January 18, 2017
Tracey Lindeman, Special to Montreal Gazette
More from Tracey Lindeman, Special to Montreal Gazette
Montreal has startup incubators for everything these days — health, engineering, mobile apps, video games and your garden-variety tech companies.
But for a city that so fervently upholds itself as a place teeming with creativity, there’s a surprising dearth of startup services specifically geared toward cultural and creative fields.
“It’s hard to get creatives into business. They don’t like the word ‘business,’ ” says Madeleine Bazerghi, the lead on Dawson College’s entrepreneurship initiative.
The term “creatives,” in this context, means everything from architecture to fashion to crafts and nearly everything in between. Dawson is hoping to bridge the gap between such a broad range of specialties by assembling them under one singular goal: starting a business.
In September Dawson, in partnership with CEGEP du Vieux-Montréal, will launch its pilot project version of iC — incubator + campus — an eight-month intensive program stocked with mentors and financial and legal helpers designed to get would-be entrepreneurs ready for the startup world.
The directors of both CEGEPs pitched the idea at Je vois Montréal in November, although in reality it already existed on paper. The pitch was one of the 180 community-improvement projects to make it to the second phase — the Je fais Montréal stage.
“I think it helped us formulate our ideas better and commit to doing it,” Bazerghi says of the pitch process.
The iC program is open to the community at large and anyone who has been out of high school or CEGEP for at least a year, and will have costs comparable to other CEGEP programs.
The intent, Bazerghi says, is to find the next Moment Factory or Cirque du Soleil. She says the program’s focus on cross-pollination could really help one-track minds see beyond their most immediate needs and goals.
“We are focusing on the artists themselves who typically become self-employed. We want to leverage their talent to create something bigger than they are,” she says.
Louis-Félix Binette doesn’t apply the term “creative” solely to people working in artistic domains.
Binette is the man behind Montreal’s edition of Creative Mornings, an international monthly speaker series and networking event with local chapters in more than 100 cities meant to unite creatives of every stripe.
“In this world, in this economy, it’s more important than ever for a big bank or an insurance company to be creative. Everyone knows that. So how do we make that happen in Montreal?” he wonders.
That’s the question he asked at Je vois Montréal in the fall, and now it’s the one he gets to answer with his economic summit on creative communities.
Binette, who also runs business consulting firm f&co, has undertaken the organization of a Creative Mornings-inspired Montreal business summit that will see company higher-ups come together to address creativity in business.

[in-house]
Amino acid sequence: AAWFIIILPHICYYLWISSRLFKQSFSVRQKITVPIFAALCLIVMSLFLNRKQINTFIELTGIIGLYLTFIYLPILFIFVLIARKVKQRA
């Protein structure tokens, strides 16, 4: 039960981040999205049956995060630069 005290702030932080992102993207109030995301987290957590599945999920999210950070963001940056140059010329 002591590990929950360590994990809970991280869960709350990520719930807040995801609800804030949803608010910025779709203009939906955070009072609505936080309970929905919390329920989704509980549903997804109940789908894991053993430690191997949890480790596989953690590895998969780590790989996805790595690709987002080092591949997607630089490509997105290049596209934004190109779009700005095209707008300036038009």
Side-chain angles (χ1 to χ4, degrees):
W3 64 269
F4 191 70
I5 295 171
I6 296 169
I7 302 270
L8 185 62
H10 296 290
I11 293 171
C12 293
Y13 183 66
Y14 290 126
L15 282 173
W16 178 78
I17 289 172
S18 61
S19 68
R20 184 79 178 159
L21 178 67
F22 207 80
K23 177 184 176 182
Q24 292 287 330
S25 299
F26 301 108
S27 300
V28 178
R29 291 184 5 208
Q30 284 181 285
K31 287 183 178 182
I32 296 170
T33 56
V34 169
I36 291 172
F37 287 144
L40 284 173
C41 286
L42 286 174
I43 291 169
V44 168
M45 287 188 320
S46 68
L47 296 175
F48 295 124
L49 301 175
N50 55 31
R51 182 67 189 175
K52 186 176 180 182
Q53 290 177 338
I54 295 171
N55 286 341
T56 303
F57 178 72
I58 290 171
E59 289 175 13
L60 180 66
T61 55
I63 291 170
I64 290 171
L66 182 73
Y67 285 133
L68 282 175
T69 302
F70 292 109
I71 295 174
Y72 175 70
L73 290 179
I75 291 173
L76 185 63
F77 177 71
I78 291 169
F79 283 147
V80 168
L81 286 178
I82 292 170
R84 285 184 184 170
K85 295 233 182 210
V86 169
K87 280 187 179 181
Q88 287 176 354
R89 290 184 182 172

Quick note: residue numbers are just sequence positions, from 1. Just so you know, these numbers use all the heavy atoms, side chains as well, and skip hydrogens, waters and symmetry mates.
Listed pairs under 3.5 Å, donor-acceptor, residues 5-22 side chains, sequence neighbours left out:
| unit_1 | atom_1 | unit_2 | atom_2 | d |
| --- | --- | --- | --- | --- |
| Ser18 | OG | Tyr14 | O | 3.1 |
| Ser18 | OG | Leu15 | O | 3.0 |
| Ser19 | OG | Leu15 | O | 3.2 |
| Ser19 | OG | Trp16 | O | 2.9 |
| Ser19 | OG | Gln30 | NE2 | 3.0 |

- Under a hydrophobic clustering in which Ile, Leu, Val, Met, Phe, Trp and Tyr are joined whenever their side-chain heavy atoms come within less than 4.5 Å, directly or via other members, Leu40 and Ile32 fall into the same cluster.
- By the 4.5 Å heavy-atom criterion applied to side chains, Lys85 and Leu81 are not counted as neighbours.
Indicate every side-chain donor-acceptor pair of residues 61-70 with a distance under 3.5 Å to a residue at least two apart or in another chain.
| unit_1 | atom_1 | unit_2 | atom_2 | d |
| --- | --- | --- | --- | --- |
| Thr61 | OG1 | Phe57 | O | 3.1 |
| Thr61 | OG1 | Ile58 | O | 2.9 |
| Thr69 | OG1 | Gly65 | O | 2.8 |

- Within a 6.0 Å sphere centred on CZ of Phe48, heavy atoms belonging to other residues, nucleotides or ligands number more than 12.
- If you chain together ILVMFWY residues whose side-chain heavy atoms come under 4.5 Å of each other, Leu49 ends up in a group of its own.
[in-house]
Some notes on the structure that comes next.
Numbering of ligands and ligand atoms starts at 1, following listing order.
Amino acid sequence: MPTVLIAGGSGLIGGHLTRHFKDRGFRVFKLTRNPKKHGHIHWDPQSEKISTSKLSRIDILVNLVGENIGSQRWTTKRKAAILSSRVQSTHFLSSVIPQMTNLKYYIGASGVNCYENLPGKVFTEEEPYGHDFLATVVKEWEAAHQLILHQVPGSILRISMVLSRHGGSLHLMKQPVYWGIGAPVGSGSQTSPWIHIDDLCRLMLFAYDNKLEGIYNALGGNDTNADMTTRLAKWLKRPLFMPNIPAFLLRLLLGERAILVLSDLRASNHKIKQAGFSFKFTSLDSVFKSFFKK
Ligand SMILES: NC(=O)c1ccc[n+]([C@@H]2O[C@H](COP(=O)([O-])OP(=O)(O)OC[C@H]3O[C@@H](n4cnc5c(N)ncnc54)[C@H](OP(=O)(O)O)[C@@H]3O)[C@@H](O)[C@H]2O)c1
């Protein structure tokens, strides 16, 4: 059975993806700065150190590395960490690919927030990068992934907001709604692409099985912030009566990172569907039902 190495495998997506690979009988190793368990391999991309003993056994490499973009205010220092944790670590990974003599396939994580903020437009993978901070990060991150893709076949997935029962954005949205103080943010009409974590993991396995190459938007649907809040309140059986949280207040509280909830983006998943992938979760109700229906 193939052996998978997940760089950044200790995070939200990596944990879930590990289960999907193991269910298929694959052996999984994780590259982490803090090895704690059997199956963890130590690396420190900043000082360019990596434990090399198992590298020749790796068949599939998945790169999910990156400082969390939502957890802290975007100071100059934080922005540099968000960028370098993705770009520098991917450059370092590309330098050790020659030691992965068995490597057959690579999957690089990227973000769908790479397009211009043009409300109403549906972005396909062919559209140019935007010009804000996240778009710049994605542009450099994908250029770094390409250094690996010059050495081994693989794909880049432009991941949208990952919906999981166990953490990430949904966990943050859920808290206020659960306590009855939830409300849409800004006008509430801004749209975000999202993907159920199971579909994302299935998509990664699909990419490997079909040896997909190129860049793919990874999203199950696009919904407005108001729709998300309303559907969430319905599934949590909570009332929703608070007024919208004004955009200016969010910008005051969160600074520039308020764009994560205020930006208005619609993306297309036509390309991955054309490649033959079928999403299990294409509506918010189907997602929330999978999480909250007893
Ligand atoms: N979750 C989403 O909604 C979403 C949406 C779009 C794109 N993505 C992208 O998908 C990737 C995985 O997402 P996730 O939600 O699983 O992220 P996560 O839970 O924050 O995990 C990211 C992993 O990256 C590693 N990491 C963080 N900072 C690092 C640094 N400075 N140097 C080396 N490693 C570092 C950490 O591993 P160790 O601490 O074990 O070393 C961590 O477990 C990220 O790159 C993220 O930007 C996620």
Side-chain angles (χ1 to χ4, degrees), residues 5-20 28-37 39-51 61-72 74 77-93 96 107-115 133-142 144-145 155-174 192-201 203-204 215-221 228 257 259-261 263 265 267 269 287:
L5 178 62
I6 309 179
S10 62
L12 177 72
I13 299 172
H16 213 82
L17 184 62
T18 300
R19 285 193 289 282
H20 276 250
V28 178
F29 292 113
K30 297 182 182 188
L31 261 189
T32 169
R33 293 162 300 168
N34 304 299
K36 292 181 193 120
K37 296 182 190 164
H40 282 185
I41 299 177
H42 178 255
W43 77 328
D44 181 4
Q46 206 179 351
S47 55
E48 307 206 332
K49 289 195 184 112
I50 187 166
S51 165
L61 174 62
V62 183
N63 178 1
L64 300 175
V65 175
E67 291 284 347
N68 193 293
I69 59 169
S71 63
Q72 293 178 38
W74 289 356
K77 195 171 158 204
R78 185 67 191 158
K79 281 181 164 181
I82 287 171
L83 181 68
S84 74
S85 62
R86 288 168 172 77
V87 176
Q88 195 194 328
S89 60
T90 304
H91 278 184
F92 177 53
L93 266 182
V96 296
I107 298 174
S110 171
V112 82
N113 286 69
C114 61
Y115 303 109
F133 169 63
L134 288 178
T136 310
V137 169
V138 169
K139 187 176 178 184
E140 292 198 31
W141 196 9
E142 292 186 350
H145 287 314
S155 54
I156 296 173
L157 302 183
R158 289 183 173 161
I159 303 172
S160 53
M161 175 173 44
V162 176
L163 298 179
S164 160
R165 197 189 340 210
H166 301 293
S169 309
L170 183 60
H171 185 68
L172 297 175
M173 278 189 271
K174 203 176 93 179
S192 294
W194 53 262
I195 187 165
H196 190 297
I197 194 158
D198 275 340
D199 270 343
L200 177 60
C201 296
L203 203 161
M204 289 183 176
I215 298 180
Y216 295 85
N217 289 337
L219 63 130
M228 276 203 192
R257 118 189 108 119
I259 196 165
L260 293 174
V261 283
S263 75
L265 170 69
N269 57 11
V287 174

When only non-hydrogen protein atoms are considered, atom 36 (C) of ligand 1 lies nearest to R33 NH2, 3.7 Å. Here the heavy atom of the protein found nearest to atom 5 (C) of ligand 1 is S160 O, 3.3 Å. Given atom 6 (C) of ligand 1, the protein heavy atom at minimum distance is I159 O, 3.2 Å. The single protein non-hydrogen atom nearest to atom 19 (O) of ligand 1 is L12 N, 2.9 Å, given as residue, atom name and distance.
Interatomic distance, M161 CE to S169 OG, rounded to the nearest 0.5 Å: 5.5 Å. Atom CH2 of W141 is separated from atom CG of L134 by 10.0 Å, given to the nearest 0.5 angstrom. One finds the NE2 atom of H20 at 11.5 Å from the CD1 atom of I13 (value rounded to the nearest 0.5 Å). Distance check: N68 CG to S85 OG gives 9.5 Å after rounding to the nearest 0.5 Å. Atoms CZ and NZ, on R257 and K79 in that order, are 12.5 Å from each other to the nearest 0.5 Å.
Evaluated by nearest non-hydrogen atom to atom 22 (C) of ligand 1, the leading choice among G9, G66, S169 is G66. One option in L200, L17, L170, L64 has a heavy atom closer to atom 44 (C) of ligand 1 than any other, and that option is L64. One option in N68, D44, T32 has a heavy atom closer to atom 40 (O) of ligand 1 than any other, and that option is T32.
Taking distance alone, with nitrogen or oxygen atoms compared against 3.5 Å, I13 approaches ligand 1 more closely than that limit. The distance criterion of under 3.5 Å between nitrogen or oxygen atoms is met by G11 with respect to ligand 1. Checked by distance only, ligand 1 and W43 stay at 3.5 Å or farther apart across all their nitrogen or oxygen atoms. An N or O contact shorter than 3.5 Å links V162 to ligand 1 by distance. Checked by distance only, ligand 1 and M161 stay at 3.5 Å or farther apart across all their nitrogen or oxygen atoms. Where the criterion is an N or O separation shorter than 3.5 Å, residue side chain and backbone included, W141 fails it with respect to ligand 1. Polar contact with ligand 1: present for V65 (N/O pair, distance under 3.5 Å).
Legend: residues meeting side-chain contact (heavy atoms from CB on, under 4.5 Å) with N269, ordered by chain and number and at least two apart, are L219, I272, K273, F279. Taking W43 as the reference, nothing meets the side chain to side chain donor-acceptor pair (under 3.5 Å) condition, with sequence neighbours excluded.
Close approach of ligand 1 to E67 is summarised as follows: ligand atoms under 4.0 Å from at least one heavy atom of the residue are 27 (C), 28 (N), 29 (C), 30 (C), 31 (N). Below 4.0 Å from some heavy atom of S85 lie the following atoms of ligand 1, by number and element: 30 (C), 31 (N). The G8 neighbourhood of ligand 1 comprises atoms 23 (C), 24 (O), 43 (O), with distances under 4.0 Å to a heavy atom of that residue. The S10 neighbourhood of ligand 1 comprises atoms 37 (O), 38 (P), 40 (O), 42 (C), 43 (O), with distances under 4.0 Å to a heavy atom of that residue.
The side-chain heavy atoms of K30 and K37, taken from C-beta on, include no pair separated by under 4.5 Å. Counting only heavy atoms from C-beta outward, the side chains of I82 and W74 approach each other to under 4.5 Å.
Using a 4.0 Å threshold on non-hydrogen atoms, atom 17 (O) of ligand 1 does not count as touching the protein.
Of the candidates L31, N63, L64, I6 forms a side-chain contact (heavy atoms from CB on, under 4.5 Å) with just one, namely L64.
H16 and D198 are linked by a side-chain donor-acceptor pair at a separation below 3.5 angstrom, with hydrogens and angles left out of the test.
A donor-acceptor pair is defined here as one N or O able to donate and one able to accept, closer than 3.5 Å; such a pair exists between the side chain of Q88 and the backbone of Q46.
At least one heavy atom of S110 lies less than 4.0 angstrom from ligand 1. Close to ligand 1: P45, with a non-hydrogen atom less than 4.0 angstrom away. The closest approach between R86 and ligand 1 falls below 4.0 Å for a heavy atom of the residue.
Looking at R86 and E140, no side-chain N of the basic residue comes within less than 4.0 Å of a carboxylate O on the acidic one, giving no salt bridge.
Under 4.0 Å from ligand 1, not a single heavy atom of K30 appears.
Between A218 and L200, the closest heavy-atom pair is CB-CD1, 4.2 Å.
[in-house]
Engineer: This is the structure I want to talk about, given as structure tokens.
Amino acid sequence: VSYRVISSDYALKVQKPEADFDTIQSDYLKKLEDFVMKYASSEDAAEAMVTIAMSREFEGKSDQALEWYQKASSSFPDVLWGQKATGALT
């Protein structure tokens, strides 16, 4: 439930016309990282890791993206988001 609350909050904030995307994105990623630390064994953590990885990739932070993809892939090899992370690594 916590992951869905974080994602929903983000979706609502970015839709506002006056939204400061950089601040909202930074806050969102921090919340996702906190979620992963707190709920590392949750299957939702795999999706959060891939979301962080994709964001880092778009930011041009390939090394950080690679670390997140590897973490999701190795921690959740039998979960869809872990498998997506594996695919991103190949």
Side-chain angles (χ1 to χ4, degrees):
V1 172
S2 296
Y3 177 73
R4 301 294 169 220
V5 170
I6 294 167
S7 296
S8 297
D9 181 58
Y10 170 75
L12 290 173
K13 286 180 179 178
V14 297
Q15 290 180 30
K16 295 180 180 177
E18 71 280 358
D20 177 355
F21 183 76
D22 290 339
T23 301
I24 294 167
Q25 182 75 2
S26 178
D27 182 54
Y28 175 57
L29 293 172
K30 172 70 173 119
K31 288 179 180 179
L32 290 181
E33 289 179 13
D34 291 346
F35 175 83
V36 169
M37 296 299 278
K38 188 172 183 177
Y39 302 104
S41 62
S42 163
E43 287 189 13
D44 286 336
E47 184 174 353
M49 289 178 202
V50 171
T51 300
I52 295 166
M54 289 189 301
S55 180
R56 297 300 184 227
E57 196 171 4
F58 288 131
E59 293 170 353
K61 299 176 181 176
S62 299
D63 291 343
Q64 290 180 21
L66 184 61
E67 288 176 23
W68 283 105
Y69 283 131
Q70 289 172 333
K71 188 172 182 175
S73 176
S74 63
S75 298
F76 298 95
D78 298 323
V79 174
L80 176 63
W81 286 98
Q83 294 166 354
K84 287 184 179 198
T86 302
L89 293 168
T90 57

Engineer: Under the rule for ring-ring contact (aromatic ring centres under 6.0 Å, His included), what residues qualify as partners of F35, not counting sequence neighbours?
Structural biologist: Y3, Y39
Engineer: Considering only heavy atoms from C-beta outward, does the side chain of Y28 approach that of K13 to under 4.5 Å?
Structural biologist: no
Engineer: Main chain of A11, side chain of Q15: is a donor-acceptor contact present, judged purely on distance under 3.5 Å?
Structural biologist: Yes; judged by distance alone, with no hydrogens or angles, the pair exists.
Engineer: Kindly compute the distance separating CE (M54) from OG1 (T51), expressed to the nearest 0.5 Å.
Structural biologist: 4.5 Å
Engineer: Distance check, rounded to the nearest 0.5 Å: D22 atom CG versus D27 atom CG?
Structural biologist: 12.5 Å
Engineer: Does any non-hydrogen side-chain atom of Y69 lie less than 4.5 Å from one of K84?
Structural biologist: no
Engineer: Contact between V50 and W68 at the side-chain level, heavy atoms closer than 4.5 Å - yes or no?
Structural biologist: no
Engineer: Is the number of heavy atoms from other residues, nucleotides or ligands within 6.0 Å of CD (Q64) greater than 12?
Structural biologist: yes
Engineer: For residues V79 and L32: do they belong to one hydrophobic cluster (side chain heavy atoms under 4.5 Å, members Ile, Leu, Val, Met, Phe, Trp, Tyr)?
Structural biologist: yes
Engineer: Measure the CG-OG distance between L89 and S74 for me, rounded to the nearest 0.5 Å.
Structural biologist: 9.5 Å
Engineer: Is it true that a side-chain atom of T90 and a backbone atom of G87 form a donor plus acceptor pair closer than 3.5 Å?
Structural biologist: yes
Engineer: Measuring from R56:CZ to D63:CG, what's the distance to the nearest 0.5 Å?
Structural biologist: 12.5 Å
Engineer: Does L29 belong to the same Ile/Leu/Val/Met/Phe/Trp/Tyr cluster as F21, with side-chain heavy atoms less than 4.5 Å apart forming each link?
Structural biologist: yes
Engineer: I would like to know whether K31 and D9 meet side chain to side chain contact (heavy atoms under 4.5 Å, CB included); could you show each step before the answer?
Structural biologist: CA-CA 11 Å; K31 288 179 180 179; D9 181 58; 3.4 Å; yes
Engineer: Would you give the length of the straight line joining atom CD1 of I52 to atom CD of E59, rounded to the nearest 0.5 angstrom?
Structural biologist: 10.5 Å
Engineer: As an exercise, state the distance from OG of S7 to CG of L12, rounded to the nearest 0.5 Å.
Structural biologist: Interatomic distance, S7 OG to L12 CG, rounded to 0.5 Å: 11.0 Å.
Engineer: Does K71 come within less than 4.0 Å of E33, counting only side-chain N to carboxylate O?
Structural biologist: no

Marketing agency Cossette, the main sponsor behind the Creative Mornings chapters in Montreal, Quebec City, Toronto and Vancouver, has agreed to foot the bill of the summit, too.
He hopes the meeting will inspire participating company execs to go forth and hire by reaching into Montreal’s artistic and innovative communities.
Entrepreneurs with creative sensibilities stand a greater chance of hiring people who can help make their businesses more competitive and modern, according to Binette.
“There’s a real need to attract talent, and you don’t attract talent in a big glass tower downtown,” Binette says.
In preparation for this fall’s summit — a project he committed to with Je fais Montréal — Binette and his team are gathering research on Montreal’s creators and the spaces they operate in. He wants to know who and where they are, what they make, what kind of events they hold, whether they have sponsors.
He recognizes the limitations of such a task, and doesn’t know whether it’s even possible to capture everything that’s being done on a creative level. Rather, Binette says he merely wants to take the pulse of the community as a first step to figuring out how to move it forward.
“What’s the health of our creative underground?” Binette asks. “What makes this city creative? Who are the people who make this city creative? I don’t think it’s big names like Cirque du Soleil or Ubisoft that make it creative.”
Binette knows through Creative Mornings’ blockbuster success in Montreal — he often has to turn away hundreds of people — that there’s an appetite for a stronger link between the city’s business and creative sectors.
But Creative Mornings and Binette’s fall summit are just two pieces of the puzzle.
“There needs to be more opportunities for exchange and inspiration in the city,” Binette says.